When I bought my house a mile east of U.S. 19 in Hudson in 1993, I thought it was in a fairly not-in-the-wild area. But from what keeps showing up in my back yard, I'm beginning to wonder.
I expected the squirrels and birds, even the friendly raccoons, armadillos and, eventually, black racer snakes. They come with the territory.
Then, late one night, a monster wild boar rampaged through my neighborhood and tore up my Floratam, which isn't quite as friendly. Sometime later, a beautiful family of red foxes began cavorting in the middle of my yard midday, and, later, a cute little wild pig with tiny little tusks arrived to gobble up all the figs that dropped from my tree.
Then on Wednesday, around 10 a.m., I opened my back window shade to see a grayish black, 40- to 45-pound coyote eyeing me and my cat, Snickers, from about 10 feet behind my lanai. I scrambled for a camera and finally got some long shots as he loped through the drainage retention area behind my house.
My neighbor, Joe Pugh, continued to calmly rake his lawn as the coyote sashayed right by him. He told me that he'd seen a couple more, lighter in color and smaller, in recent weeks, indicating there might be a family of coyotes living nearby.
I welcome all these critters (except the wild boar that tore up my lawn and was subsequently captured by a wildlife rescuer), especially the snakes and coyotes that eat the voles burrowing around my house.
The few reports of coyotes attacking humans came from California, but, except for a toddler attacked in 1981, there have been no fatalities reported. In truth, a neighborhood dog is much more likely to inflict harm than a coyote. Even so, people walking small dogs in dark places at night should be wary, as coyotes are carnivores and might like a tasty morsel for their midnight snack.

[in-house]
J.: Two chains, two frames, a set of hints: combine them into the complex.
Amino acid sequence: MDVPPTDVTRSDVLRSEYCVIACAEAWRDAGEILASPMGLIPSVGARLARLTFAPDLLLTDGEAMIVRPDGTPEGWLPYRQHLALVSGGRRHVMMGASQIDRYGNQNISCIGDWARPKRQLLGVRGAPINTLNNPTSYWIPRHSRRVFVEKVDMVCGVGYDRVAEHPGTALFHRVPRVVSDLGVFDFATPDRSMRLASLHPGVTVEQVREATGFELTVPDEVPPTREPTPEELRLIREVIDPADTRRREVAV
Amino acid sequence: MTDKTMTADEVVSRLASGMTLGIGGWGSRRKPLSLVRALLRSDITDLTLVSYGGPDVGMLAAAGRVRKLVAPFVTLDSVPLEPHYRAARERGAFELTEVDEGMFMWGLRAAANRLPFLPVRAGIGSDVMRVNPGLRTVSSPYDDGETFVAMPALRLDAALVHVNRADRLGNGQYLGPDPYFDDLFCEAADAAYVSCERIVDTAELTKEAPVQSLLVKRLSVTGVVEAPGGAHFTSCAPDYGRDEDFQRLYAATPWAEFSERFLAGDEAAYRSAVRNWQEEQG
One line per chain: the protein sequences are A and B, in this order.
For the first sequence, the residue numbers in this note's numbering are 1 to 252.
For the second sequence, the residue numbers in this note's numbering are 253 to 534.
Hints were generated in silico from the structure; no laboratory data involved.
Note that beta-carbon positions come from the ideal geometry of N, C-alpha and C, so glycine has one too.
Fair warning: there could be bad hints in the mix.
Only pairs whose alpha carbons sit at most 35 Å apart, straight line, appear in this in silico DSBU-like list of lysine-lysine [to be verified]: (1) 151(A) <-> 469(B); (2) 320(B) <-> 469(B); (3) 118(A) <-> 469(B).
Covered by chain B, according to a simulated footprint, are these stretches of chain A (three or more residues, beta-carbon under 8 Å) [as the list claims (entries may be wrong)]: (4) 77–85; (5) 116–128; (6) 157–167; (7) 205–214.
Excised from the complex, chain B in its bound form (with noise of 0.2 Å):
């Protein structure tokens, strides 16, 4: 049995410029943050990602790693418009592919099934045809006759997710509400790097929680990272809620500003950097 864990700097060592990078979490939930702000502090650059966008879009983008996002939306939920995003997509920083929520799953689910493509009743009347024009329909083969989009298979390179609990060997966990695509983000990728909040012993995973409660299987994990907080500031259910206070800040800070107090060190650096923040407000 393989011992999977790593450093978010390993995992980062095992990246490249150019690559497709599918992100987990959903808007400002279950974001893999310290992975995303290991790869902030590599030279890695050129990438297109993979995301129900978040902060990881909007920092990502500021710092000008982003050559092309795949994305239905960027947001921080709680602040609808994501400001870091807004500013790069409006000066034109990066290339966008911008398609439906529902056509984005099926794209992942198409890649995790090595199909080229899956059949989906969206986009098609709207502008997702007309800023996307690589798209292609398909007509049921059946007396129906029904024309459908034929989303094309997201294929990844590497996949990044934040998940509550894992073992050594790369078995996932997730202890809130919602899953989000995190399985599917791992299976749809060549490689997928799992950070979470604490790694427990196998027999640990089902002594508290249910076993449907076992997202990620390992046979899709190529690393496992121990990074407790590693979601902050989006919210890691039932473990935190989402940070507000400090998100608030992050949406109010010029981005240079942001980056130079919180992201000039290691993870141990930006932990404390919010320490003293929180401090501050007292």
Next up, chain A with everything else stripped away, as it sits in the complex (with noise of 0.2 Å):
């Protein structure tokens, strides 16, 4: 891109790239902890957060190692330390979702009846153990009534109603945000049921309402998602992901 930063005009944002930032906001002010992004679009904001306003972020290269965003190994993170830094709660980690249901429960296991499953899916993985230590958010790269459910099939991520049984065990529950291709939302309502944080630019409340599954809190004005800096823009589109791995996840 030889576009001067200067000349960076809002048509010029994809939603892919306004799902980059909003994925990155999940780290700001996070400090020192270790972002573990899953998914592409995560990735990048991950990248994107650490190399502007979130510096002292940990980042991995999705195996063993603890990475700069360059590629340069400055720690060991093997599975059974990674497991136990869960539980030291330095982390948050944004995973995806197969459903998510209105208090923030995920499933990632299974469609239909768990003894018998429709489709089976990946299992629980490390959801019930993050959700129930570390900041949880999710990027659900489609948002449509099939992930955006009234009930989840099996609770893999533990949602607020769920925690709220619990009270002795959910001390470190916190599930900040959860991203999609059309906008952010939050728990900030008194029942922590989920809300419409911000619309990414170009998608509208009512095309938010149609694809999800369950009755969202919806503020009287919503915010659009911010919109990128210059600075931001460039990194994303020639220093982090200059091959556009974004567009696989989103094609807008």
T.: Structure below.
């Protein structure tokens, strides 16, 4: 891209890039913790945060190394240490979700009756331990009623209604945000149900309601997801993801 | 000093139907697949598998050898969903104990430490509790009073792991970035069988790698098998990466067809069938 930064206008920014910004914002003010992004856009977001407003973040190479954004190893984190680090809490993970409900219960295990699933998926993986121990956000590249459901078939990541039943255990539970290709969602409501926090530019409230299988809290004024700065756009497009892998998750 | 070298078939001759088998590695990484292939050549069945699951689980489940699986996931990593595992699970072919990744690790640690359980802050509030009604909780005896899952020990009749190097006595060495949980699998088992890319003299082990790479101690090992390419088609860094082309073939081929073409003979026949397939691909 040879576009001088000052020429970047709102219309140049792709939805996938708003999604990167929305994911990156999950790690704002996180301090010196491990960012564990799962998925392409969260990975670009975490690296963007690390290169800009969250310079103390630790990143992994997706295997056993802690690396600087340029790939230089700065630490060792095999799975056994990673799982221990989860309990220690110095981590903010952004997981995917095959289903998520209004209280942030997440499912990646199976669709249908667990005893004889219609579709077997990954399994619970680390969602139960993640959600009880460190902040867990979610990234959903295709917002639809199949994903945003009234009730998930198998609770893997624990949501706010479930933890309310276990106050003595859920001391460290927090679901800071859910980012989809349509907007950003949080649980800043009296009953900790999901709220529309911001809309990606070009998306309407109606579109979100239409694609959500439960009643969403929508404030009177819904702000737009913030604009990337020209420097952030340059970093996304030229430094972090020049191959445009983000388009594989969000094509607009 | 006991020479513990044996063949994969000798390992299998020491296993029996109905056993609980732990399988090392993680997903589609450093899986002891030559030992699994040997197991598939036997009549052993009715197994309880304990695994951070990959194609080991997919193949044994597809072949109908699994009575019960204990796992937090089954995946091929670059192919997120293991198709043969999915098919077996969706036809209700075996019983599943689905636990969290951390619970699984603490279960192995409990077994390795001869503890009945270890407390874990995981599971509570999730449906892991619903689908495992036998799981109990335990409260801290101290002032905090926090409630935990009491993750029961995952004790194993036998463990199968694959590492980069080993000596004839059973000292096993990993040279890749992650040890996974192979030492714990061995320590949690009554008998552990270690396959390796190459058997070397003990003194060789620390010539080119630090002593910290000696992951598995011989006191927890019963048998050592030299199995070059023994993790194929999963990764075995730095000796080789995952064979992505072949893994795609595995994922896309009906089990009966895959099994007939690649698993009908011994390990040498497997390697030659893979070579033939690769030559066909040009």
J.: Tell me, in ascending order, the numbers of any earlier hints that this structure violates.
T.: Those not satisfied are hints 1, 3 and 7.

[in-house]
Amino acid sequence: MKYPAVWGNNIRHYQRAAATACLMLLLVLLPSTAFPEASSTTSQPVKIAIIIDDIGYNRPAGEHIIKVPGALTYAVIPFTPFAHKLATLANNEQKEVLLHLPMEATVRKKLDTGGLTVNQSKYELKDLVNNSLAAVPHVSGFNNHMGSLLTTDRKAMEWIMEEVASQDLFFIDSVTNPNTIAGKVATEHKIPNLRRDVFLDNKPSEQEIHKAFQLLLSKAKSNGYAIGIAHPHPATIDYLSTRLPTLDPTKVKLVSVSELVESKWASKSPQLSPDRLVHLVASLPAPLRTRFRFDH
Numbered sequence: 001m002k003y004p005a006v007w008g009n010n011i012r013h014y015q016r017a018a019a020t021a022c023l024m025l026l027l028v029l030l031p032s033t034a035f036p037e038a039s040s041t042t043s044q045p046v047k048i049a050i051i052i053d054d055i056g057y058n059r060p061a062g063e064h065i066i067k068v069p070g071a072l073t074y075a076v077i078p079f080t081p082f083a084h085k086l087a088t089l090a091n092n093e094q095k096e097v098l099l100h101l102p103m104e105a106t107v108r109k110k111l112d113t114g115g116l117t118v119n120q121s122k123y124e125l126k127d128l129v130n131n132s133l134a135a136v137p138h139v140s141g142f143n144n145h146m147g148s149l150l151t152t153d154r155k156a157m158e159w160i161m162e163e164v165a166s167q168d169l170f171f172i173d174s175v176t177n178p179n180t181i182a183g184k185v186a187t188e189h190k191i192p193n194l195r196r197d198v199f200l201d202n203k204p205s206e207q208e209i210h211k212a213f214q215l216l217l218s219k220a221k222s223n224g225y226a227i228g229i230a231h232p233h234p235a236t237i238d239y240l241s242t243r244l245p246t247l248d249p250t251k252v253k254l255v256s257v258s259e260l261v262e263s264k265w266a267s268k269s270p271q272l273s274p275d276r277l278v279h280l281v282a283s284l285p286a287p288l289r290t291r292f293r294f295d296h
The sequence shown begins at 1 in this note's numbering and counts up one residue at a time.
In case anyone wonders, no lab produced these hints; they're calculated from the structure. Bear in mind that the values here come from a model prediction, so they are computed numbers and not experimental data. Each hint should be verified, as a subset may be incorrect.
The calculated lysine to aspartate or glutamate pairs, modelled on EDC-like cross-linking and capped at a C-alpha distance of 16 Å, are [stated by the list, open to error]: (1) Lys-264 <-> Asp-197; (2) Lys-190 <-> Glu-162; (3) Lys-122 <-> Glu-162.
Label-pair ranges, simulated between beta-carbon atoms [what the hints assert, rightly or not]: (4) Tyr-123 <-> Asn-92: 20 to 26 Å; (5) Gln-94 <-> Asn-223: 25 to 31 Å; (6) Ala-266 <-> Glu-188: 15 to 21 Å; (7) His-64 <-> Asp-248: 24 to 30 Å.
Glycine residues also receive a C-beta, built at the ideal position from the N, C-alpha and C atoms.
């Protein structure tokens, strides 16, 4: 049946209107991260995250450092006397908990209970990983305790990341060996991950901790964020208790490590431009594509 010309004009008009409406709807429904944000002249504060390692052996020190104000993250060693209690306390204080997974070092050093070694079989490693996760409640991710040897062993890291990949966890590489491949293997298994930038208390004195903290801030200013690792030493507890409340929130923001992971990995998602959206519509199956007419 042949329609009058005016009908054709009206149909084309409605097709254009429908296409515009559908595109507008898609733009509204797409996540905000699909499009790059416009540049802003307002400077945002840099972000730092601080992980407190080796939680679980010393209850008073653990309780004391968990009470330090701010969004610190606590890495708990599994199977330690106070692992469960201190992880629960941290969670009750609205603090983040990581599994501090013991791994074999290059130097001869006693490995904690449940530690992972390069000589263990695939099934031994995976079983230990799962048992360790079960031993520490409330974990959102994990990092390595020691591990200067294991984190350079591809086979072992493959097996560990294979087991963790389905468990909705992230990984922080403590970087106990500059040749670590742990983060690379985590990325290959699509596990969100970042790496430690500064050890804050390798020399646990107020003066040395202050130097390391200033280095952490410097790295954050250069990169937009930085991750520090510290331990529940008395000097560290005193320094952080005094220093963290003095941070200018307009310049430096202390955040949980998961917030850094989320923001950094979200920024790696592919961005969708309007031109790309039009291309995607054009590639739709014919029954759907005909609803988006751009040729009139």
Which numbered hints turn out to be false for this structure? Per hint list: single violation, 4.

I love to think about those wild critters roaming and crawling around outside my doors as I sleep or suddenly appearing around a corner as I work in my yard.
It's just so Florida.
• • •
I'm unsure whether I should tell this story, but I'm so amazed? disturbed? confounded? by it, I simply have to share.
The problem started in February, when I received a letter from the Social Security Administration advising me of my new retirement benefit amount.
The problem was that it was about $336 less than a notice I received in January told me it would be.
I quickly figured out what had happened: The person or machine who figured out my benefit had deducted the Part B Medicare premium and the federal withholding tax on the gross payment, then deducted it a second time from the net amount from the first calculation.
In other words, SSA was double dipping on me.
So on Feb. 26, I telephoned the 800 number, where a very courteous representative said she could clearly see where and when the mistake had happened and would send a "high priority" message to my payment center in Kansas City, Mo., to correct it.
The same promise was made to me by other very courteous representatives as the mistake continued in March, April and May, by which time I was behind about $1,350.
When the same mistake showed no sign of being corrected in June, I decided to call in the cavalry and telephoned my congressman, Gus Bilirakis. I got an appointment with his office manager/case processor, James Grenelle, the next day, June 5.
When I got home from my vacation in early July, a letter dated June 27 from the SSA was waiting for me. The entire matter had been cleared up, I would be receiving a lump sum for the shortage, and my future payments would be what they are supposed to be.
In other words, it took the congressman's office just 22 days to correct a mistake that I had spent 122 days on my own trying to get corrected.
Now I don't know exactly how to feel.
I'm extremely grateful to Congressman Bilirakis' office for straightening this out.
But I'm dismayed it took an act of a congressman to get it corrected.
Most of all, I worry about the people in similar situations whose only income is Social Security.
For me, the shortage was an annoyance; for them, it could be groceries and the electric bill.